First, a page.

Throughout the doctor’s examination, the child is coughing and crying. The doctor tells Tinker that more than 60 percent of the children they see are at the hospital because of upper respiratory infections. During the exam, the camera turns to Tinker, whose eyes well with tears while watching the struggling child. I teared up, too. The girl is then taken to another part of the hospital where a pair of nurses attempt to administer oxygen as the child continues crying and coughing. “Sadly,” Tinker says in his voiceover, “children die frequently here of pneumonia.”
Untold thousands of children die in places like Nepal and India because they live in houses that don’t have electric or butane stoves. They are dying at the same time that America’s biggest environmental groups and highest-profile climate activists routinely insist that the only way we should be fueling our society is with wind and solar energy. Those groups and activists stage protests and divestment campaigns at the same time that women and children are dying of respiratory illnesses because they lack butane and a proper stove.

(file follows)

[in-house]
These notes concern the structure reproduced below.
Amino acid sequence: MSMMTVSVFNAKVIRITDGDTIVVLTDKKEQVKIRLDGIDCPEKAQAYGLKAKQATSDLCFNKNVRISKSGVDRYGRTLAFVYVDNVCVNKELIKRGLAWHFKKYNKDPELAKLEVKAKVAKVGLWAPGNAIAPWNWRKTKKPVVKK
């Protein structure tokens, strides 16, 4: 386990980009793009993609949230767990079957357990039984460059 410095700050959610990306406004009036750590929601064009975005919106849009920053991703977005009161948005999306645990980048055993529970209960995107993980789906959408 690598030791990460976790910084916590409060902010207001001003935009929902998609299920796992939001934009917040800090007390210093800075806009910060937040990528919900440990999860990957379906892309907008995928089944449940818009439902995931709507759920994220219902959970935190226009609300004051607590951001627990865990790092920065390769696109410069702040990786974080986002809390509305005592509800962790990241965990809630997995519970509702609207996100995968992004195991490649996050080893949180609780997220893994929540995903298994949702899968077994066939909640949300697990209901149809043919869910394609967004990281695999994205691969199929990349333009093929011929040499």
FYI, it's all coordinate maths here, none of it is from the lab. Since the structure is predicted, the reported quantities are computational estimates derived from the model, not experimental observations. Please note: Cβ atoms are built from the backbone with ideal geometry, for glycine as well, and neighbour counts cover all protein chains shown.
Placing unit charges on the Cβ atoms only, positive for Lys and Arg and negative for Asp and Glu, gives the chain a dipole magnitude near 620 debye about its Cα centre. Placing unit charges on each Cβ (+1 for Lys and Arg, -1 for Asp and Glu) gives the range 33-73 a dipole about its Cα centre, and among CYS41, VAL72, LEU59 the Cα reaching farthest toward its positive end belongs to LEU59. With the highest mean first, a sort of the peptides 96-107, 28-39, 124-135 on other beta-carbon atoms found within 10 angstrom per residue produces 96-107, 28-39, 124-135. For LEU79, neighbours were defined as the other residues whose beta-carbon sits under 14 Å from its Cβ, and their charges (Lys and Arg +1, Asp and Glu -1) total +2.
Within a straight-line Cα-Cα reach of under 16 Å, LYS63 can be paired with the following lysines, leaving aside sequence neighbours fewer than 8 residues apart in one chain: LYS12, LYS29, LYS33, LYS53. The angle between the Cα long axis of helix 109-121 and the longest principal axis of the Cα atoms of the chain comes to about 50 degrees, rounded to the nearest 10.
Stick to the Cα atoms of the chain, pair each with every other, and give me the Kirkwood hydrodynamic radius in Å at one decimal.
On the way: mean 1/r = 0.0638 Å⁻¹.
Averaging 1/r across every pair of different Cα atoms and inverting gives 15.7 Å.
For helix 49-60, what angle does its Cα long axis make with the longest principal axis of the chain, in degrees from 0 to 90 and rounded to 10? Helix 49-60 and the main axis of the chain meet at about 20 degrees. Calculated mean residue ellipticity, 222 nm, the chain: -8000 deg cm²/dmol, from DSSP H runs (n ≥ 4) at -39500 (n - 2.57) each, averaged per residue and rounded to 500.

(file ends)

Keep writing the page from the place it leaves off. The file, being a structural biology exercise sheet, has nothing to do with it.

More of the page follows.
The film concludes with a return to Colombia where Tinker and his team install a 3.5-kilowatt solar system with 24 kilowatt-hours of battery storage in the Arhuacos’ village. The system cost about $75,000 and was enough to run a refrigerator, a few lights, and a few ceiling fans. The completion of the project provides a neat, and rather triumphant ending to the film.
A few days ago, I talked to Tinker about SwitchOn and what he hopes to accomplish with it. He replied, saying he wanted to show that “energy really does change lives. Half the world’s population is disadvantaged because they don’t have access to modern energy. This is the real inequality.” SwitchOn succeeds because it doesn’t argue about inequality or about how transformative modern energy can be, it shows it.